This is an important decision that you need to make when choosing your new pc, not only for your operating system, but also for your DAW software.
32 bit systems are limited to 4gb of memory in theory (in reality its between 3-3.5gb that windows can actually use). While this might sound a lot, every time you open up a plugin or virtual instrument, it uses memory.
When you start looking at sample based instruments, such as orchestral libraries these can easily load gigs of sounds into memory.
64 Bit systems can run 32 bit programs, but each application can only use 4gb of memory.
This is currently a popular choice, as most DAW’s come with 32 and 64 bit versions that can be installed at the same time.
64 Bit issues (and how to get round them)
64 Bit Sequencers cannot use 32 bit plugins or instruments.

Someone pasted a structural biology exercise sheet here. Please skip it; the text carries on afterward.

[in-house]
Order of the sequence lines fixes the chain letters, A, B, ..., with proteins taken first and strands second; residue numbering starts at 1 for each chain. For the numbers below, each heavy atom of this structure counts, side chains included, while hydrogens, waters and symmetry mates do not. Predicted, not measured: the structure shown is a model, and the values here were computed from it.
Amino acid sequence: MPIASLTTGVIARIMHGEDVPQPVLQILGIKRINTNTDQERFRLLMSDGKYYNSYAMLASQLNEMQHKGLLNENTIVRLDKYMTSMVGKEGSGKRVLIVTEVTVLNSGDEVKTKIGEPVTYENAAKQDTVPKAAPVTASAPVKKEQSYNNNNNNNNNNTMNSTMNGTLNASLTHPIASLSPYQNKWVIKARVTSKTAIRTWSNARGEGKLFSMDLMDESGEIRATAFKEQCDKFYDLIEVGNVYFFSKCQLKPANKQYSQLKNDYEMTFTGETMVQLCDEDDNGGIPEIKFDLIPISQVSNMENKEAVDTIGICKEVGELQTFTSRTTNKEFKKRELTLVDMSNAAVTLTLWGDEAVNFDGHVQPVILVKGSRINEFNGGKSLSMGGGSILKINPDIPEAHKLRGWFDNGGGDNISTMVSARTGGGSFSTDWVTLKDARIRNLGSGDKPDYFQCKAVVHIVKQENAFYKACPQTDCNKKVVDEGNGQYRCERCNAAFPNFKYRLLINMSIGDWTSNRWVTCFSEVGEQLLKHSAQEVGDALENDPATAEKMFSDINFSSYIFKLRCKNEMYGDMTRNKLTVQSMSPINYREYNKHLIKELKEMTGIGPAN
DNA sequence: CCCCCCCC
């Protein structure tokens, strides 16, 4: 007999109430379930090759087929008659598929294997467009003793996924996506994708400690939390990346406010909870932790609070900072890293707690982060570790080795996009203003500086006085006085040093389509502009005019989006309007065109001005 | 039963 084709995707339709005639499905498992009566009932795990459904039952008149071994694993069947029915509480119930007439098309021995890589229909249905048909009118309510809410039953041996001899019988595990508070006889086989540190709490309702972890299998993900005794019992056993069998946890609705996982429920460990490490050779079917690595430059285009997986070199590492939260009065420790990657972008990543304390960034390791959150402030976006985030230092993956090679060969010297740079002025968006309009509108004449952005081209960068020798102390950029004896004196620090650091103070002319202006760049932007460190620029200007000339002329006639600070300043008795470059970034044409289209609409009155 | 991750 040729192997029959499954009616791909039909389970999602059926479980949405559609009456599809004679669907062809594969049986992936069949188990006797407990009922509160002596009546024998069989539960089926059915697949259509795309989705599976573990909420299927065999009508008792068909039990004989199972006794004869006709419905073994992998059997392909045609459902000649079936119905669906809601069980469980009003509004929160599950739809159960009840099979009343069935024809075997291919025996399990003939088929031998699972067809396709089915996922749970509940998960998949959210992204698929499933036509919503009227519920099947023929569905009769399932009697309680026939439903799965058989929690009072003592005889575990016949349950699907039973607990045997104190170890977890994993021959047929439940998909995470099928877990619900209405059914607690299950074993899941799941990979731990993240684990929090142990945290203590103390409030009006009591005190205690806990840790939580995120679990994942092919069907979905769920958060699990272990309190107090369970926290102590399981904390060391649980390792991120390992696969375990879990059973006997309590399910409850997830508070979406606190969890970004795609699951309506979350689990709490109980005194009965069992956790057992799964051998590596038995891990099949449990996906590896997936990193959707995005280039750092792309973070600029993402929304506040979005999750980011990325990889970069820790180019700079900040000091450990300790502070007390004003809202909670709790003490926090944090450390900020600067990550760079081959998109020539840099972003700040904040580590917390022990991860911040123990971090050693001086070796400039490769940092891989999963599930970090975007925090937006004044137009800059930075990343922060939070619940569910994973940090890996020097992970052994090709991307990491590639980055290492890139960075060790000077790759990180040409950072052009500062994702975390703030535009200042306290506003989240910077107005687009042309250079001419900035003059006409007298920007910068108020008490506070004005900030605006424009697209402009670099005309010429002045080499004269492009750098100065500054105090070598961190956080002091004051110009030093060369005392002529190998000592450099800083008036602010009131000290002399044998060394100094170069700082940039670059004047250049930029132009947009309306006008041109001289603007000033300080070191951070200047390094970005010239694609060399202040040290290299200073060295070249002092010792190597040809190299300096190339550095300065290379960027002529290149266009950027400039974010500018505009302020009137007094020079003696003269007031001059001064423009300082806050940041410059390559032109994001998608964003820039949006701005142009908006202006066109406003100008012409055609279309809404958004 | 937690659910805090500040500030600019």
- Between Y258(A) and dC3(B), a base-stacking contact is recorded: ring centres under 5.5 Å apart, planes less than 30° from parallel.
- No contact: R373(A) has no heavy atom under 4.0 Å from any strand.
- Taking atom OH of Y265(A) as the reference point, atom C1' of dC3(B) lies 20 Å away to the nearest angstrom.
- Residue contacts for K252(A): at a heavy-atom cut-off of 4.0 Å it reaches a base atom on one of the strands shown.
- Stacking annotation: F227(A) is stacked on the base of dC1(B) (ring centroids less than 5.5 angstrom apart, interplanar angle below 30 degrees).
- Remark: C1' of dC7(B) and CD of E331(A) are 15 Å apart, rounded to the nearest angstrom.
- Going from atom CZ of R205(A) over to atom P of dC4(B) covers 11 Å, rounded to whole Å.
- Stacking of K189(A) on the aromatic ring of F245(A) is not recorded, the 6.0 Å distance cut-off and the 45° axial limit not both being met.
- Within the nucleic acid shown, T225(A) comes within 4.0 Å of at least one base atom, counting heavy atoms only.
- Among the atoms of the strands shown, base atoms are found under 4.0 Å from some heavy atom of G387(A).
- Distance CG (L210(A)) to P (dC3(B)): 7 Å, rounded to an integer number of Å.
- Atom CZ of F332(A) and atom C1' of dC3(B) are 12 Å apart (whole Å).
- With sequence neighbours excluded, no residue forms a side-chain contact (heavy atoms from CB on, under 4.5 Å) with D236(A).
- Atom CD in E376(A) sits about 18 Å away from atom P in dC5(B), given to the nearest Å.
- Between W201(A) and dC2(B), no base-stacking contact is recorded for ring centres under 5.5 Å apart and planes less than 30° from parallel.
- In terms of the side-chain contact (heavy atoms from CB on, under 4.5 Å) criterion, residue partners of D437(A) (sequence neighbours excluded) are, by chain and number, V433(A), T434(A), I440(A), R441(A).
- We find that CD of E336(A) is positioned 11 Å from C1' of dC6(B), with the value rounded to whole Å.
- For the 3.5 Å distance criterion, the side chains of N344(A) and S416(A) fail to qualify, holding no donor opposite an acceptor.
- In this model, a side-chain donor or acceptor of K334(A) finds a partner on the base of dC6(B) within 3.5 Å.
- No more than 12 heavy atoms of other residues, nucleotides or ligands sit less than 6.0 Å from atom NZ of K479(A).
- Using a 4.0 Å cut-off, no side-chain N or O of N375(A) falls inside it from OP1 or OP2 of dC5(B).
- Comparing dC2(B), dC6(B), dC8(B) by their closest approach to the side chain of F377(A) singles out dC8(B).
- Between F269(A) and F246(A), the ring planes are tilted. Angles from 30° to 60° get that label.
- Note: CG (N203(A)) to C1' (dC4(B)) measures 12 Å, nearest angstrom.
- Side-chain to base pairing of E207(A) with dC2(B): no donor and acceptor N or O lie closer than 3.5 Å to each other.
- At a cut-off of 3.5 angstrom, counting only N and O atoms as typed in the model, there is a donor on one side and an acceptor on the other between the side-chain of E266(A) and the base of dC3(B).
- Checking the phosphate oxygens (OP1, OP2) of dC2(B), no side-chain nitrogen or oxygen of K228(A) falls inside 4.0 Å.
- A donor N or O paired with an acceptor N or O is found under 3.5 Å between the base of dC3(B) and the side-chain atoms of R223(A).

Whilst many manufacturers are now producing 64bit versions of thier plugins and instruments, if you do switch to a 64 bit DAW, you will probably be left with plugins that you cannot use.
Many DAW’s, such as Steinberg Cubase 6 have built in “bridges” that try to make them work, but they only seem to work for some plugins.
Cubase’s bridge mode also limits you to 4gb of memory for all of the bridged plugins.
The best soulution to this that we have found is a piece of software called Jbridge ( €14.99)
Jbridge is about 95% compatible, and has a number of options to get problems plugins to work. Jbridge lets you use 4gb of memory per plugin.
The second issue is that rewire will not work in 64 bit daw’s.
“Rewire” channels are virtual midi and audio connections to and from your daw to (predominantly) Propellerhead Reason or Ableton Live programs.
A work-around to this issue is a plugin called Rewire VST (€19.00)
This provides one stereo and six mono audio channels into your DAW (plus midi control).
Whilst this is no way near the 64 possible connections that rewire normally offers, it does mean that you can run a handful of reason or ableton instruments alongside your 64bit DAW.